However, the results of the available research are quite contradictory. A review published in Functional Food Magazine (opens in a new tab) found that regular consumption of soy milk can significantly contribute to lower blood pressure, better blood lipid profile and improved waist circumference. At the same time, no significant differences were found in body weight, “good” HDL cholesterol, fasting blood sugar or markers of systemic inflammation.
Another review published in Complementary therapies in medicine (opens in a new tab) A journal evaluates the effects of soy milk on blood serum lipids and finds no significant association between the two factors.
However, soy milk remains popular among vegans, vegetarians and consumers who care about their health because of its affordability and affordability. You can easily find cheap boxes of soy milk in most grocery stores and supermarkets across the country and there are usually a range of different brands and flavors to choose from. Moreover, most manufacturers enrich their drinks with many vitamins and minerals that are likely to be deficient in plant foods, making them a convenient dietary supplement for vegans and vegetarians.
Is Soy Milk Harmful to You?
Soybeans and soy milk can have a number of health benefits, but there are some risks and considerations.
If you compare soy milk with cow’s milk, the latter has better intestinal protein absorption. Moreover, soy milk contains several compounds, often called anti-nutrients. Anti-nutrients have the ability to interfere with the natural processes of digestion and reduce the absorption of certain nutrients in the intestine. According to a review published in Journal of Agricultural Sciences (opens in a new tab), there are several of these compounds present in soy. These components can lead to lower intake of micronutrients, especially vitamin A, vitamin B12 and vitamin D and even affect the formation of red blood cells. Fortunately, modern production processes are getting better at removing most of these anti-nutrients.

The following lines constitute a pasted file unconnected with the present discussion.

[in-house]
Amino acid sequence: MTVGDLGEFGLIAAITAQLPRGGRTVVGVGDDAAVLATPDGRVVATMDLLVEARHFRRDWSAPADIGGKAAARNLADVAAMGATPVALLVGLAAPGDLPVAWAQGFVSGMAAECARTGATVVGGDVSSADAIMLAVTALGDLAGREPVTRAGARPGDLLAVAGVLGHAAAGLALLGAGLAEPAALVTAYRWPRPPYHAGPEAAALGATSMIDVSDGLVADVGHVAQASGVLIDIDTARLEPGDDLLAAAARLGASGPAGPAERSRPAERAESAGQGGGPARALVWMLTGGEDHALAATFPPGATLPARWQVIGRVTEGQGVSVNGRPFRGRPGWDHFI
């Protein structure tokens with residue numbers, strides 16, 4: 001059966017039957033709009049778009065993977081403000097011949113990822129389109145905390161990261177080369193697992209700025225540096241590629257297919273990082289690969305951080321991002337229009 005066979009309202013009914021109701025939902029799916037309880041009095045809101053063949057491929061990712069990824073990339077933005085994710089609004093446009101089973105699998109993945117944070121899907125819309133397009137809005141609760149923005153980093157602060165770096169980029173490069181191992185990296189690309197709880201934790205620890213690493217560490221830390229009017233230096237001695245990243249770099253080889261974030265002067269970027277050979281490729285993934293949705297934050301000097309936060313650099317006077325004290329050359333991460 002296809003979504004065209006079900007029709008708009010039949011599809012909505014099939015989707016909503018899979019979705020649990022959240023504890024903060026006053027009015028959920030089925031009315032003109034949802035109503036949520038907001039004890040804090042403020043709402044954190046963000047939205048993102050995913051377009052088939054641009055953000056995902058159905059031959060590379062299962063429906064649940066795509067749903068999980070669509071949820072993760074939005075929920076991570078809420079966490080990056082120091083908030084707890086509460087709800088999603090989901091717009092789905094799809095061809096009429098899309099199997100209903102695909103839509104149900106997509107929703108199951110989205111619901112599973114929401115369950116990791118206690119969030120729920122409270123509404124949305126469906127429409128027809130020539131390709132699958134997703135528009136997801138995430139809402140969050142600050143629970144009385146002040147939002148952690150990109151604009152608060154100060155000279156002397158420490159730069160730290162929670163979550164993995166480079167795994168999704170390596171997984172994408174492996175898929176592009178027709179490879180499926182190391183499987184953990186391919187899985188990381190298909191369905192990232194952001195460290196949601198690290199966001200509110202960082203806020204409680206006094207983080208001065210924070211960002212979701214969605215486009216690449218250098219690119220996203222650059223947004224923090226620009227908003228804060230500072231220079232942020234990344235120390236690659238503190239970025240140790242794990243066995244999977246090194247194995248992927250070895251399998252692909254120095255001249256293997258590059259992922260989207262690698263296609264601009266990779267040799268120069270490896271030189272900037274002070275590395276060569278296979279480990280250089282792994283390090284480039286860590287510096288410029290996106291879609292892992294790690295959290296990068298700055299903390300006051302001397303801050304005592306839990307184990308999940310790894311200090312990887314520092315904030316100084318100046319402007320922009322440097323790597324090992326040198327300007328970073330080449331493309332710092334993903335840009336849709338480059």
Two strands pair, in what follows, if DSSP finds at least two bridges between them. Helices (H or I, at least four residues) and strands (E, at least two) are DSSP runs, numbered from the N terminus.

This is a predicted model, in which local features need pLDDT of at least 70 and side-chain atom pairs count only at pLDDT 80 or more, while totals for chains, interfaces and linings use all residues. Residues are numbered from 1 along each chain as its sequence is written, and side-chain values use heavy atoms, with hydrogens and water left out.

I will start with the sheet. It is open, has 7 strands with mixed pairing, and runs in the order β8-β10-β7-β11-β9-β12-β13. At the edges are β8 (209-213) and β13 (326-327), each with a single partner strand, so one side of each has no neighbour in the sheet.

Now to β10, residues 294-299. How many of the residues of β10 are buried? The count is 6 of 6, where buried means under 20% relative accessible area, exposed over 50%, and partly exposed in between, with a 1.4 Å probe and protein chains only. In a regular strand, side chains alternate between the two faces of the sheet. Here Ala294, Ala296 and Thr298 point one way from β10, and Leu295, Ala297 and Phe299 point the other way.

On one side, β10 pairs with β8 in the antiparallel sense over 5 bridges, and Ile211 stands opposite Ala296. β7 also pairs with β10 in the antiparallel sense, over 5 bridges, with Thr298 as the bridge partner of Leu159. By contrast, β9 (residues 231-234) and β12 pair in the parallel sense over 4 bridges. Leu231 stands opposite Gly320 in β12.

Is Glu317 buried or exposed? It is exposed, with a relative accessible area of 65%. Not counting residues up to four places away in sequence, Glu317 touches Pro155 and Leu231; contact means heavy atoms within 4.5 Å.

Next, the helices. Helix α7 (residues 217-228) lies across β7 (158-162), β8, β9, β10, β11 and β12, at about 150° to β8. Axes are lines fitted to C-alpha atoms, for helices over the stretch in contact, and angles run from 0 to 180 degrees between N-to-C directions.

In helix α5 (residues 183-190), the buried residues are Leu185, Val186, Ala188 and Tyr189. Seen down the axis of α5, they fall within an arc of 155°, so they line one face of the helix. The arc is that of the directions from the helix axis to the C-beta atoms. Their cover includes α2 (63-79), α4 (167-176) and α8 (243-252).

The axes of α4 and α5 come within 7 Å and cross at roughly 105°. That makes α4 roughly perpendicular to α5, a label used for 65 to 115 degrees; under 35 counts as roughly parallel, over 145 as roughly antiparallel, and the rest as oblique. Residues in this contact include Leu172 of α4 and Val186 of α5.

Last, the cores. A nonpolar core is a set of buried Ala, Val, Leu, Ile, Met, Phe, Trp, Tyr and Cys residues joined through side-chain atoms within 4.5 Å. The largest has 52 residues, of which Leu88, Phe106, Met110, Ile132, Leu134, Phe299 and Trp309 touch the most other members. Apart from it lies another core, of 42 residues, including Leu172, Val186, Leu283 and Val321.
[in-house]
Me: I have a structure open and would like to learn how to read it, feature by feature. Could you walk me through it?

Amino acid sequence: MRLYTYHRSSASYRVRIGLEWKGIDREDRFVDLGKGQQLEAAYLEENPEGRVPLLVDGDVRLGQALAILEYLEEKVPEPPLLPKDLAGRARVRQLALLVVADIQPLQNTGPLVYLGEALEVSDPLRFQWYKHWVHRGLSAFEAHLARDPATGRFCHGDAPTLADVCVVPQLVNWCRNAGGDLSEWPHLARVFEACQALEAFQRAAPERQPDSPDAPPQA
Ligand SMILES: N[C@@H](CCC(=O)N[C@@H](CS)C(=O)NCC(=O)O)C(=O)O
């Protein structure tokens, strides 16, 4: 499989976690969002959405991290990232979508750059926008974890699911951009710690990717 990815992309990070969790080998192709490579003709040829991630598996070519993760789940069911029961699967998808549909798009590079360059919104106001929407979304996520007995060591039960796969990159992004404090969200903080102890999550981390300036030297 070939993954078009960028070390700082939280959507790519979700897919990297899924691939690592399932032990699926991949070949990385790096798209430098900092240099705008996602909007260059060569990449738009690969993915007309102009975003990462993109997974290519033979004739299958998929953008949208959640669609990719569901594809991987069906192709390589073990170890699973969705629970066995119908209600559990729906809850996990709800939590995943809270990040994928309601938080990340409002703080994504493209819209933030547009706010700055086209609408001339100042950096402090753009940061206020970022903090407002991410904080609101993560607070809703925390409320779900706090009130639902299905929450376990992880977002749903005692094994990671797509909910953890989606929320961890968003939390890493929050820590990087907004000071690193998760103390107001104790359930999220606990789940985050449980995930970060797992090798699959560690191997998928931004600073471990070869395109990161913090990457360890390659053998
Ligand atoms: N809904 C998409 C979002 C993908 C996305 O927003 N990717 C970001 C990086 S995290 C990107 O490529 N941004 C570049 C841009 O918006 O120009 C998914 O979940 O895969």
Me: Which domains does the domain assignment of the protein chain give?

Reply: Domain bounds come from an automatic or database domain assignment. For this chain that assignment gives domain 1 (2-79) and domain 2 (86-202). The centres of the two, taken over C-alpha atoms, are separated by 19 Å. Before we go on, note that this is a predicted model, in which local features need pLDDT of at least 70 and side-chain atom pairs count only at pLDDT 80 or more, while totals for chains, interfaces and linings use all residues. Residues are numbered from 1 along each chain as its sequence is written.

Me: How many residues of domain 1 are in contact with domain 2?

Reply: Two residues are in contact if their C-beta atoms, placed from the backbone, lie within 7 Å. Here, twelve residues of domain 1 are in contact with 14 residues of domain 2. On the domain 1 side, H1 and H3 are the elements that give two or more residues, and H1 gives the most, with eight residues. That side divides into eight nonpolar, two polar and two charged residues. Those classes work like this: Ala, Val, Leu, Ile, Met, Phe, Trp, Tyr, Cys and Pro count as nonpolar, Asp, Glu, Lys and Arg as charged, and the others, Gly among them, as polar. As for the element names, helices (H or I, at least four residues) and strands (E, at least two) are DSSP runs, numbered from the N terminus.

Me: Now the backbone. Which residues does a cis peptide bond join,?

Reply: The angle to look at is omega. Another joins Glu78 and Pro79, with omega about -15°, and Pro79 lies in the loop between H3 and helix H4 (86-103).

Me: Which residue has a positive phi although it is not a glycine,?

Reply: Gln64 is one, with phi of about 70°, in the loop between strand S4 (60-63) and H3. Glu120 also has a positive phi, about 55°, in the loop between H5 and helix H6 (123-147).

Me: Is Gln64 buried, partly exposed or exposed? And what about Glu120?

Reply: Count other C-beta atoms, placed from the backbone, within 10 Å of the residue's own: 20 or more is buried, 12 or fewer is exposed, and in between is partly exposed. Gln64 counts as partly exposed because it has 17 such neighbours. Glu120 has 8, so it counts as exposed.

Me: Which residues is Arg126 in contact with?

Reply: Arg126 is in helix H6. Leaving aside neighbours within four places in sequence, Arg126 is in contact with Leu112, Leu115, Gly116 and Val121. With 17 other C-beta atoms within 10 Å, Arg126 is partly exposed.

Another concern is the potential negative impact of soy isoflavones on thyroid function and iodine metabolism. It has also been suggested that they may interfere with the absorption of synthetic thyroid hormones. However, researchers from Thyroid (opens in a new tab) The journal collected the results of 14 different studies and concluded that there was no evidence that soy consumption posed a risk to adults with hypothyroidism or people with iodine deficiency. However, to minimize any potential problems, soybean users are advised to ensure that their iodine intake is adequate.
Because isoflavones can mimic the effects of female reproductive hormones, many people are concerned about the potentially negative effects of soy on men’s health. But the evidence suggests that is not the case. According to a meta-analysis published in Reproductive toxicology (opens in a new tab)isoflavones do not affect testosterone, estradiol, estrone or sex hormone binding globulins in older men.
Some soy milks may also have large amounts of added sugars, especially if they are flavored. As excessive sugar consumption is harmful to your health, always check that the product is artificially sweetened.